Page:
27 05 2011

yes stamping out as purifying, but also some organic fantasy of literally coming out of the pure-land (here corn-fed), and an odd lipservice to peasant/farming life but also venerating high arts and courtly life, is this part of the lingering shadow of the medieval?

27 05 2011

also on a TNC-ish note is there something here related to southern aristocratic/landed-gentrification/yoeman-famer thing like Jefferson and all?

27 05 2011

The Nazis were explicitly forward-looking (which is why I consider them to be counter- rather than anti-modern), but it was of a brutalist type of progress, such that “high art” as such was viewed with suspicion as cosmopolitan, effete, and/or degenerate.

Some Nazis did, of course, appreciate the finer things of life, but this was on a strictly personal (as opposed to ideological) level. Others justified their appreciation for works which might generally be considered high art by reclassifying them as manly or as embodying classical ideals. As a rule, nuance was not much appreciated.

As for an agrarian ideal, that’s harder to say. There were certainly plans for the Greater Reich to be populated by towns ringed by smaller villages and farms, or great estates (owned by elite Nazis, natch) similarly ringed. That said, Naziism was always an urban movement, one centered on the petit bourgeoisie as well as on the mass of non-organized workers. Their calls to nationalism and blood-and-soil arguments did appeal to smallholders (the Nazis were not much interested in preserving the old landed estates, whose gentry tended to be monarchist), but their policies to reorder agrarian labor policies met with a fair amount of resistance on the ground. In any case, the Nazis were always wiling to squeeze the countryside for both labor and food in order to satisfy the needs of the urban populace.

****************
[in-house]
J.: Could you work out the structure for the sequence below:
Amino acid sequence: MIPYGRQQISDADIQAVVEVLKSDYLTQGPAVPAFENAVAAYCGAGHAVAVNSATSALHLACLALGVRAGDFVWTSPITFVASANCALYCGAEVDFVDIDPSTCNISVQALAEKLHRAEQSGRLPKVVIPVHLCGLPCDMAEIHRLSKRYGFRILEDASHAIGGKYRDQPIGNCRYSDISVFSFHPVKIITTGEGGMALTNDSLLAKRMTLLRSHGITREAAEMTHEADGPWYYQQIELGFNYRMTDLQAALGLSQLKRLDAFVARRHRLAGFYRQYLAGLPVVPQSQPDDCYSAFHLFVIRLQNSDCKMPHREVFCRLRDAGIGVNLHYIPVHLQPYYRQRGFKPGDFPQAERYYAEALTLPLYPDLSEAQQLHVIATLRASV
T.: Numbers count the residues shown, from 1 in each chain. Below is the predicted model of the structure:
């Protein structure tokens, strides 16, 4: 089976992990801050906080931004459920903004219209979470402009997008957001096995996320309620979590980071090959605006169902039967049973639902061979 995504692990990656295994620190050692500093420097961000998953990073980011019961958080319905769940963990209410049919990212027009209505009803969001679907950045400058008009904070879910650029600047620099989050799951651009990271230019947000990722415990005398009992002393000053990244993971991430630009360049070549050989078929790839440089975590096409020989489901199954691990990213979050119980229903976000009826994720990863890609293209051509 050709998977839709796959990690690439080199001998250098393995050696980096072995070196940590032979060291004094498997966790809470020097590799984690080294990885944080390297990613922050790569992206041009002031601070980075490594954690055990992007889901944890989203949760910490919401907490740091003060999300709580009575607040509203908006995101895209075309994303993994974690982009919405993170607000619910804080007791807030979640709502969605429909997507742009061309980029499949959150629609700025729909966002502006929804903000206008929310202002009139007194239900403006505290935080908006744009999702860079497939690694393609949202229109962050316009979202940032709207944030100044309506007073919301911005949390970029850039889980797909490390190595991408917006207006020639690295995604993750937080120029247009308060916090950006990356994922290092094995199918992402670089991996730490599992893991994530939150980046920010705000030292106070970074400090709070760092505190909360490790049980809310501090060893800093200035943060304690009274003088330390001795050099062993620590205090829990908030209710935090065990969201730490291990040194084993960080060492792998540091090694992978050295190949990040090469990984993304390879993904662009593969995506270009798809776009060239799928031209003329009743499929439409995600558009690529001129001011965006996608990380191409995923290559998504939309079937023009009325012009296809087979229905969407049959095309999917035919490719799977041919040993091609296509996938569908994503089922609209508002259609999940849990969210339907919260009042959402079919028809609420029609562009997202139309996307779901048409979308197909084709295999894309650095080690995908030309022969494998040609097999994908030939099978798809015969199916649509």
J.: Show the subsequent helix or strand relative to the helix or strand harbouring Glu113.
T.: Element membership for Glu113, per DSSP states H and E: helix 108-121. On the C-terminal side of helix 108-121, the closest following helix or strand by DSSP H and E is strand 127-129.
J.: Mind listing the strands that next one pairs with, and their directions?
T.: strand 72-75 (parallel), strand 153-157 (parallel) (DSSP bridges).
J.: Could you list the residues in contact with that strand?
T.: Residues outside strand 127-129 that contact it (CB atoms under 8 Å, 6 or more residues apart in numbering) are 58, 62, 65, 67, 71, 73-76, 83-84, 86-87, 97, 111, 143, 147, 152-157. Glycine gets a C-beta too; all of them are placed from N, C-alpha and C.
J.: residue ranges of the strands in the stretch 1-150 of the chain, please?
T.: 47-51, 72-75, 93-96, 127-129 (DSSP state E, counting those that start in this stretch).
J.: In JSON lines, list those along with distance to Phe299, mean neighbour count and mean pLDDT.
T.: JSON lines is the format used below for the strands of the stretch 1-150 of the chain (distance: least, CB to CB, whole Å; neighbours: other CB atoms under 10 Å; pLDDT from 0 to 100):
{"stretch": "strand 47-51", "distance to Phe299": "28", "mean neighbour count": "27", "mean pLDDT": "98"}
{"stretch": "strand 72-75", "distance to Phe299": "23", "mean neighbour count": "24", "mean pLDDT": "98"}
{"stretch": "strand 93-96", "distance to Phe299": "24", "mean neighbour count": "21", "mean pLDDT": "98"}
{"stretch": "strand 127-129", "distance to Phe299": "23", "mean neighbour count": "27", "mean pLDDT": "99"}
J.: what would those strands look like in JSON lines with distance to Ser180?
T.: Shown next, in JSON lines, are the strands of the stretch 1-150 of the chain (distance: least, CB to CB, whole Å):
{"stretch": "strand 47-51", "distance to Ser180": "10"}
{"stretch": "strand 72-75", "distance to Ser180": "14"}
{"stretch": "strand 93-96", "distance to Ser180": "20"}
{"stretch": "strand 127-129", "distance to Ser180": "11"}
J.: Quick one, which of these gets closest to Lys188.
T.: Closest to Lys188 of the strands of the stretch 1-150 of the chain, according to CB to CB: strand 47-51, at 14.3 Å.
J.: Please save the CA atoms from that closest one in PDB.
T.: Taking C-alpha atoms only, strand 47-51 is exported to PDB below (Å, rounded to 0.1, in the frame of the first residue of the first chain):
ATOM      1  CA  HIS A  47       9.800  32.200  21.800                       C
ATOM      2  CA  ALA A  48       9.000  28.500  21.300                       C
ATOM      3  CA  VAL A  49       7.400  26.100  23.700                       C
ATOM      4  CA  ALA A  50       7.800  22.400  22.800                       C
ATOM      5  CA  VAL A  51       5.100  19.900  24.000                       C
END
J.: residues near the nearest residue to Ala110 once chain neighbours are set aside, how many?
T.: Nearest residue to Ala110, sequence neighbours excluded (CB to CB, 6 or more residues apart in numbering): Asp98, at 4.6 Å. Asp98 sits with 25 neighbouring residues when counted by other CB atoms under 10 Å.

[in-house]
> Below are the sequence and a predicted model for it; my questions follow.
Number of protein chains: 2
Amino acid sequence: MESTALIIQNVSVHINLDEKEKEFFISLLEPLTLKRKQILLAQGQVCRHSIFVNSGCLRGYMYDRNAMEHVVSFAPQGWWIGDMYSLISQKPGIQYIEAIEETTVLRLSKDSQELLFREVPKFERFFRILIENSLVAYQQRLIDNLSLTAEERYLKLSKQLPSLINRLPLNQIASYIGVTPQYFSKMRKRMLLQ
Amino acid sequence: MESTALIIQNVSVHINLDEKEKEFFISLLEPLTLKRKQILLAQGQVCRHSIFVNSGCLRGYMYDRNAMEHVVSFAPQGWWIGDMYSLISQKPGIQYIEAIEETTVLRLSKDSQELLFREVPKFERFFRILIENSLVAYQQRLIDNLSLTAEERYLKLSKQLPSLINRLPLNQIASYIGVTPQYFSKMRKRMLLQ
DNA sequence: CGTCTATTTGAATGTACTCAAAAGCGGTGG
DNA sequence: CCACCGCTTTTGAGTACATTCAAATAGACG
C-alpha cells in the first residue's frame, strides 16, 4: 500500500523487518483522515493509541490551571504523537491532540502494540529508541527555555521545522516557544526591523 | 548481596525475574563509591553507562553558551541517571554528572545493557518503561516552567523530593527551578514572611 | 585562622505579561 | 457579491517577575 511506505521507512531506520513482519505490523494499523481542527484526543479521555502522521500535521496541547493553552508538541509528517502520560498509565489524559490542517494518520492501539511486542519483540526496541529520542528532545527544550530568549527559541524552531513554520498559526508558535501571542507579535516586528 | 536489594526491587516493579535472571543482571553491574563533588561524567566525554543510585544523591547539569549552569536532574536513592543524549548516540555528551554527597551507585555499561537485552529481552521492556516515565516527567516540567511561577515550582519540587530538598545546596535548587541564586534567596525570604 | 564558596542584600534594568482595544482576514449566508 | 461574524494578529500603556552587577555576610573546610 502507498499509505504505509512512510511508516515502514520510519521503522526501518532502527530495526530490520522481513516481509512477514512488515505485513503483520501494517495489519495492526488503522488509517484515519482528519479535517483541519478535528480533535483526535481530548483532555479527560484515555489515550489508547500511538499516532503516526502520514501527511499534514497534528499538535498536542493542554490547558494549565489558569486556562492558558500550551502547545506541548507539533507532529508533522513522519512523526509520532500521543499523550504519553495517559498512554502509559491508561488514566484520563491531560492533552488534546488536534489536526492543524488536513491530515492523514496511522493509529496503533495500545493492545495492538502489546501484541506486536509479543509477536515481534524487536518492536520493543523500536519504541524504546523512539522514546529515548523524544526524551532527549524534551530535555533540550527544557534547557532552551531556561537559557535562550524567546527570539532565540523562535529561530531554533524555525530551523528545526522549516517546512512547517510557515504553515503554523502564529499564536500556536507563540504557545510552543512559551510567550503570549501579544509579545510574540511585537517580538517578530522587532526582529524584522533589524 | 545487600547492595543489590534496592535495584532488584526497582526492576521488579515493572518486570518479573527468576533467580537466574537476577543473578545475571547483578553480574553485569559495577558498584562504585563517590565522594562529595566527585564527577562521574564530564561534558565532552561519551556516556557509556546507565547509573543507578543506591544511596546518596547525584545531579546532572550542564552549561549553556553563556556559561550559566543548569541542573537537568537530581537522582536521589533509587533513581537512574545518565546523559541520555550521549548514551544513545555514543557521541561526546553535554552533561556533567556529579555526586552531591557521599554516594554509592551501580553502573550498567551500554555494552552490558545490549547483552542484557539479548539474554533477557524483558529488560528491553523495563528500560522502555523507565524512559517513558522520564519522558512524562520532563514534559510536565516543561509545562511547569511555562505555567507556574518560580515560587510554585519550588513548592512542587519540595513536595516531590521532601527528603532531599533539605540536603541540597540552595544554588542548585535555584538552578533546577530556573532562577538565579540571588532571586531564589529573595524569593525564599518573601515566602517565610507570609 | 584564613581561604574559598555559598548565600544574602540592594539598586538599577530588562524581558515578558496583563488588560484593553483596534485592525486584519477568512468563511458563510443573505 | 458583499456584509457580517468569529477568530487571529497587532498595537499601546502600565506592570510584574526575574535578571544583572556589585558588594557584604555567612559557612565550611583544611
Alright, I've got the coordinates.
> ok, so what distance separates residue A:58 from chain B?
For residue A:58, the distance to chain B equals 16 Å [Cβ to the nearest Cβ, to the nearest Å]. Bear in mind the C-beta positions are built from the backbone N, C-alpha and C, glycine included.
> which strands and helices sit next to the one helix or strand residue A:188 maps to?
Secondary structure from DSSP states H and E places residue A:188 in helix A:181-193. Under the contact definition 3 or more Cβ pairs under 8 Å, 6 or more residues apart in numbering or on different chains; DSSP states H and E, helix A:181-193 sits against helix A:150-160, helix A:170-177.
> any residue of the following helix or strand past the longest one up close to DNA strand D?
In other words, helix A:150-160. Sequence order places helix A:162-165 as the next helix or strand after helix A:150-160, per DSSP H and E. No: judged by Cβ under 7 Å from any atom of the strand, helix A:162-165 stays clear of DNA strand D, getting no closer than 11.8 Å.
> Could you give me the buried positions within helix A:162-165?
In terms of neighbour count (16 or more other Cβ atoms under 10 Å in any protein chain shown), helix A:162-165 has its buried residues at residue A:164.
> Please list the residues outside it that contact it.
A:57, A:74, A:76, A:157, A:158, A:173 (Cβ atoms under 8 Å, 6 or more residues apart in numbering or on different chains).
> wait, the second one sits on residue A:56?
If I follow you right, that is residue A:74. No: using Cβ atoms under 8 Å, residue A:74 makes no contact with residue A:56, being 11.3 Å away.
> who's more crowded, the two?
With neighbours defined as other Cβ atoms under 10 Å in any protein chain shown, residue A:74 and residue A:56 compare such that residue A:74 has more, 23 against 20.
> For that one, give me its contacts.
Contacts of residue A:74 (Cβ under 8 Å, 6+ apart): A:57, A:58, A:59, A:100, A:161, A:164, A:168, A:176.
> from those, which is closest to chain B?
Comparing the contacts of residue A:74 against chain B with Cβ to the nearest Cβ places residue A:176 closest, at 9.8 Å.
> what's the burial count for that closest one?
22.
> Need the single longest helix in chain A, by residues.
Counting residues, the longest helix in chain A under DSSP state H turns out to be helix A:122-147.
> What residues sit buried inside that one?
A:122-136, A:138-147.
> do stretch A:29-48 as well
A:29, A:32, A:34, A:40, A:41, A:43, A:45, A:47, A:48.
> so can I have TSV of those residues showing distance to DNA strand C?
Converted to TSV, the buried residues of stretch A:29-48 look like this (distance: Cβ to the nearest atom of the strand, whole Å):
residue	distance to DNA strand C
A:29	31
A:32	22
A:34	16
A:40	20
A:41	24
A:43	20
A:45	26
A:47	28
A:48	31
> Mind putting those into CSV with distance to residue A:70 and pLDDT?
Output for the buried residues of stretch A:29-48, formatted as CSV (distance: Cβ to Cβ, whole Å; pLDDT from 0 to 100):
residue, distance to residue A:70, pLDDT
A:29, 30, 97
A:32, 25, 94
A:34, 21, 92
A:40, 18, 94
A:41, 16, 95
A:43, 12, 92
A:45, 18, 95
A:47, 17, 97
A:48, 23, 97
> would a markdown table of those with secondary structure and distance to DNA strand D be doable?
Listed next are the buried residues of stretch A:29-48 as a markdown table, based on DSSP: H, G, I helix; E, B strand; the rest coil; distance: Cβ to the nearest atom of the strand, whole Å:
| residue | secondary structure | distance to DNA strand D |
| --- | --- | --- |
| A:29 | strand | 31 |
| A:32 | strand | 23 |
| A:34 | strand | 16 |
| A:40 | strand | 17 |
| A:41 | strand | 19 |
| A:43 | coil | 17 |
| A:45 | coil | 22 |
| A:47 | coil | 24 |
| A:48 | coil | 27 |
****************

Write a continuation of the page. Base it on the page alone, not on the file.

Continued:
Finally, as a future-oriented movement, they looked to industrial and transportation technology both to bolster and to prove German supremacy. This points to yet another contradiction in Naziism: the desire for living space conflicted with the need to concentrate laborers to feed their technological pretensions.

27 05 2011
30 05 2011

Does the reading happen to touch upon how, despite the contradictions, so many of the general population were swept into supporting the regime?

31 05 2011

Nationalism, oppression, propaganda, the failures of Weimar, hyperinflation, global depression, longstanding anti-Semitism, desire for greatness, shame over the loss in WWI, division among opponents, etc.: It was a whole stew of reasons, major and minor, as well as a willingness to give this Hitler fella a chance to sort things out.

And a significant minority of the (non-Jewish) population, including leftists, Catholics, old-school conservatives (both monarchist and militarist) never did cotton to the Nazis. The first target of the Nazis after the 1933 takeover were the organized left (the Communists and Social Democrats and associated organized labor group), after which the churches were targeted. The Catholics were cowed into/had their silence bought off (thru the Concordat), and Protestant organizations taken over or, again, disbanded or neutered; again, the point was to smash the possibility of organized resistance. The old guard was variously ignored, bought off, flattered into submission, or humiliated out of any political role.